The Carnegie Project on the Education Doctorate (CPED) has accepted the University of New Mexico’s Department of Teacher Education, Educational Leadership & Policy in the College of Education, as a new member of the CPED consortium.
CPED is a consortium of colleges and schools of education that have committed resources to work together to undertake a critical examination of the Doctorate in Education (Ed.D.) through dialog, experimentation, critical feedback and evaluation. Its mission is to improve the efficacy and reliability of the professional doctorate in education for the advanced preparation of school practitioners and clinical faculty, academic leaders and professional staff for the nation’s schools, colleges and the learning organizations that support them.
“This is exciting news for us in the College of Education,” said Cheryl Torrez, chair, Department of Teacher Education, Educational Leadership & Policy. “CPED is a global initiative, developing an innovative knowledge forum of rigorous, applied research relative to impactfully improving P-20 educational opportunities. This will allow UNM to participate in the national discourse.”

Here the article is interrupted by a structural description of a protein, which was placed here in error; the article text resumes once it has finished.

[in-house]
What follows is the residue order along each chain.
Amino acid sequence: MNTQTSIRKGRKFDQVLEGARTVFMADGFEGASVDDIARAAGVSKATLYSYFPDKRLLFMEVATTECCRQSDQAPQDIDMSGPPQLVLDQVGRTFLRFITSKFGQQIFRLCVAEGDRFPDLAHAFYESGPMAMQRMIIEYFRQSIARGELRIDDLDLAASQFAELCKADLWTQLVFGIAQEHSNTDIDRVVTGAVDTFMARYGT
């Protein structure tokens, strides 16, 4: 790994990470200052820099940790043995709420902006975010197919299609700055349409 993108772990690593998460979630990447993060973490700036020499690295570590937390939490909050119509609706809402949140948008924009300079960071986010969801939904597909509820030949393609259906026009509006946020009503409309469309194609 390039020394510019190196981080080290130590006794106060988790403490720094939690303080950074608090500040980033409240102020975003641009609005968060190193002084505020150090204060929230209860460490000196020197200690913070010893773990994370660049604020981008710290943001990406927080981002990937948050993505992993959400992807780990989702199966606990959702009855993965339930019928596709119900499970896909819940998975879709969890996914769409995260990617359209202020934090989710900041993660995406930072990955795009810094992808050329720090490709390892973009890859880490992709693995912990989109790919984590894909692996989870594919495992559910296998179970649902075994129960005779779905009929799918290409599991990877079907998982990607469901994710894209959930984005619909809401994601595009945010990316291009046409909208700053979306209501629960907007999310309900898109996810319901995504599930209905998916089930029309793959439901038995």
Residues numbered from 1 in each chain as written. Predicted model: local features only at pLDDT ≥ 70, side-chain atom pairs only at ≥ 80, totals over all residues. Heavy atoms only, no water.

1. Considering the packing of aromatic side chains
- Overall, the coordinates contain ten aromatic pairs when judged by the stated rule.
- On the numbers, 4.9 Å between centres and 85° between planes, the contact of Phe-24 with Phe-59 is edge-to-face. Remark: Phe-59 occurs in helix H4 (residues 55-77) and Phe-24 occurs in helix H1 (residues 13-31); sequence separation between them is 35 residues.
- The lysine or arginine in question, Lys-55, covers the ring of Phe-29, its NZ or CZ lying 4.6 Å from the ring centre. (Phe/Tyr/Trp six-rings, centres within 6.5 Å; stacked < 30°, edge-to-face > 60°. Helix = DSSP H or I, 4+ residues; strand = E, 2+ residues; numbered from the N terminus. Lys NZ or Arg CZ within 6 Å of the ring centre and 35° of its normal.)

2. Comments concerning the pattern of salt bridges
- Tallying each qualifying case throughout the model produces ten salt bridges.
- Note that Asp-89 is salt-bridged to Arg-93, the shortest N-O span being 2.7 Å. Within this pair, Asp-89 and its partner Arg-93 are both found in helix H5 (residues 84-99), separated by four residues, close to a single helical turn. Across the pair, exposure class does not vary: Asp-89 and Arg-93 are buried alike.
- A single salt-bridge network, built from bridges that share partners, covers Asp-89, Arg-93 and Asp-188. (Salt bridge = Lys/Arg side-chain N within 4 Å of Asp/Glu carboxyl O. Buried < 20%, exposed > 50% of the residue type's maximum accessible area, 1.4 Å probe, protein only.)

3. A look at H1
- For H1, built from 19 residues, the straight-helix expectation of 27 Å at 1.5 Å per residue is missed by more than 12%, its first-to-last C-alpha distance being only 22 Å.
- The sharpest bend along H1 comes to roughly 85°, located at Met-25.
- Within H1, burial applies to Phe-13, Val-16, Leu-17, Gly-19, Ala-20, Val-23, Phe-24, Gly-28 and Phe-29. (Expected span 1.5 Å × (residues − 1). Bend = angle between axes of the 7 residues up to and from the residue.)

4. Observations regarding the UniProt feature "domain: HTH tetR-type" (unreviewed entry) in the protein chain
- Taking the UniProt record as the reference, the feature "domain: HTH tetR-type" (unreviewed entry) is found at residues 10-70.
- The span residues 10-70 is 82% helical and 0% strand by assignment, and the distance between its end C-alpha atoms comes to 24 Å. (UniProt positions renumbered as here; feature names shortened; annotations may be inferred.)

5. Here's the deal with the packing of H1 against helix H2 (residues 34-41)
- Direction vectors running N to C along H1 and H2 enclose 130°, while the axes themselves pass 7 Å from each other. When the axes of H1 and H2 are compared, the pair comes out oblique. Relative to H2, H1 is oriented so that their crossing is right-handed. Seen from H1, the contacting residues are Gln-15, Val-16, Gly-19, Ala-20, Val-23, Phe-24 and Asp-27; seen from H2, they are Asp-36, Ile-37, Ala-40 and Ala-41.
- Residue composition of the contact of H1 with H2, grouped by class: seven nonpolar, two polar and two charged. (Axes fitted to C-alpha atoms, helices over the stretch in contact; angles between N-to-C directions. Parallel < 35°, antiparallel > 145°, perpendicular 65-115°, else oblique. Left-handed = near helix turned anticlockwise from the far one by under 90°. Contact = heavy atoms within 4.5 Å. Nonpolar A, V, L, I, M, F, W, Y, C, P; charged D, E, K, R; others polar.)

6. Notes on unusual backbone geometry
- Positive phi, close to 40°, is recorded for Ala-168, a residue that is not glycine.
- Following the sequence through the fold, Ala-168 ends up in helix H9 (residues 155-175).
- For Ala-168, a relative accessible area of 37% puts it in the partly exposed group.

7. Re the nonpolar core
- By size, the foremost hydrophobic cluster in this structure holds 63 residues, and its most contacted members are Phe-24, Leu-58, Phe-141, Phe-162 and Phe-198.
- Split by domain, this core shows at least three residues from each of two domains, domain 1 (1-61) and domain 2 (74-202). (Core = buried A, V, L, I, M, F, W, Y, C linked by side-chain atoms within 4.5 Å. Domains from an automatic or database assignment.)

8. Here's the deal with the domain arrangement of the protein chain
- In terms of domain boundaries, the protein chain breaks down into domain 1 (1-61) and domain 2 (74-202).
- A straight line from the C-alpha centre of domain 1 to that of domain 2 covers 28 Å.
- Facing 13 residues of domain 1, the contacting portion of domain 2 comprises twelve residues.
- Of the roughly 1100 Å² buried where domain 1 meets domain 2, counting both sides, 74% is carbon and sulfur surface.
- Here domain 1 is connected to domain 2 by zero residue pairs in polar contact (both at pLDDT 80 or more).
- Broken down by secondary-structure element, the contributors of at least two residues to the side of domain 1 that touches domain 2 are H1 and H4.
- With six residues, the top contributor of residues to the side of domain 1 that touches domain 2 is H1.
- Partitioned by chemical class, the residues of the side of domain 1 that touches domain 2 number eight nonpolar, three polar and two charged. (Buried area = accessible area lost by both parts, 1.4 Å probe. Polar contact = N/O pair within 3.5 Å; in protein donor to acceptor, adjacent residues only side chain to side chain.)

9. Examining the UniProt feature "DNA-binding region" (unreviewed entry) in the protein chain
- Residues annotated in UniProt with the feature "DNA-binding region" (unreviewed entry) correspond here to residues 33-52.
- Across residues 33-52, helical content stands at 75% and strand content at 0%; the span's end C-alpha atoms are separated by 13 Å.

UNM will join more than 80 current colleges and universities in the important work of redesigning professional practice preparation in education. “Our acceptance will allow us to participate in the national discourse, while keeping in mind the needs of students in New Mexico,” Torrez said. “One of the key features is the focus on research, by the doctoral students, that address "problems of practice" including current, persistent, real life issues in education in New Mexico that result in meaningful solutions.”
The goal of the Consortium is to transform the Ed.D., referred to as a Professional Practice Doctorate within the Consortium, into the degree of choice for preparing the next generation of practitioner experts, and school (K-12) and college leaders in education, especially those who will generate new knowledge and scholarship about educational practice (or related policies) with the responsibility of stewarding the education profession.
UNM’s participation in the project will be for a minimum of three years. During that time, faculty will focus on rethinking and reinvigorating Ed.D. program at UNM with the development of all facets including curriculum, assessment and recruitment. In the first year, UNM will participate in two national planning meetings this June and October.
“The process of redesign takes a significant amount of time,” Torrez said. “We will learn from the experts over the past decade and bring that research to bear in the educational doctorate. By having an educational doctorate developed upon best practices, we will best serve New Mexico students in the long run. We will work closely to redesign our program while being able to do it alongside national experts. We’re really excited about it. We need UNM to be on the national stage. This will be very powerful for us.”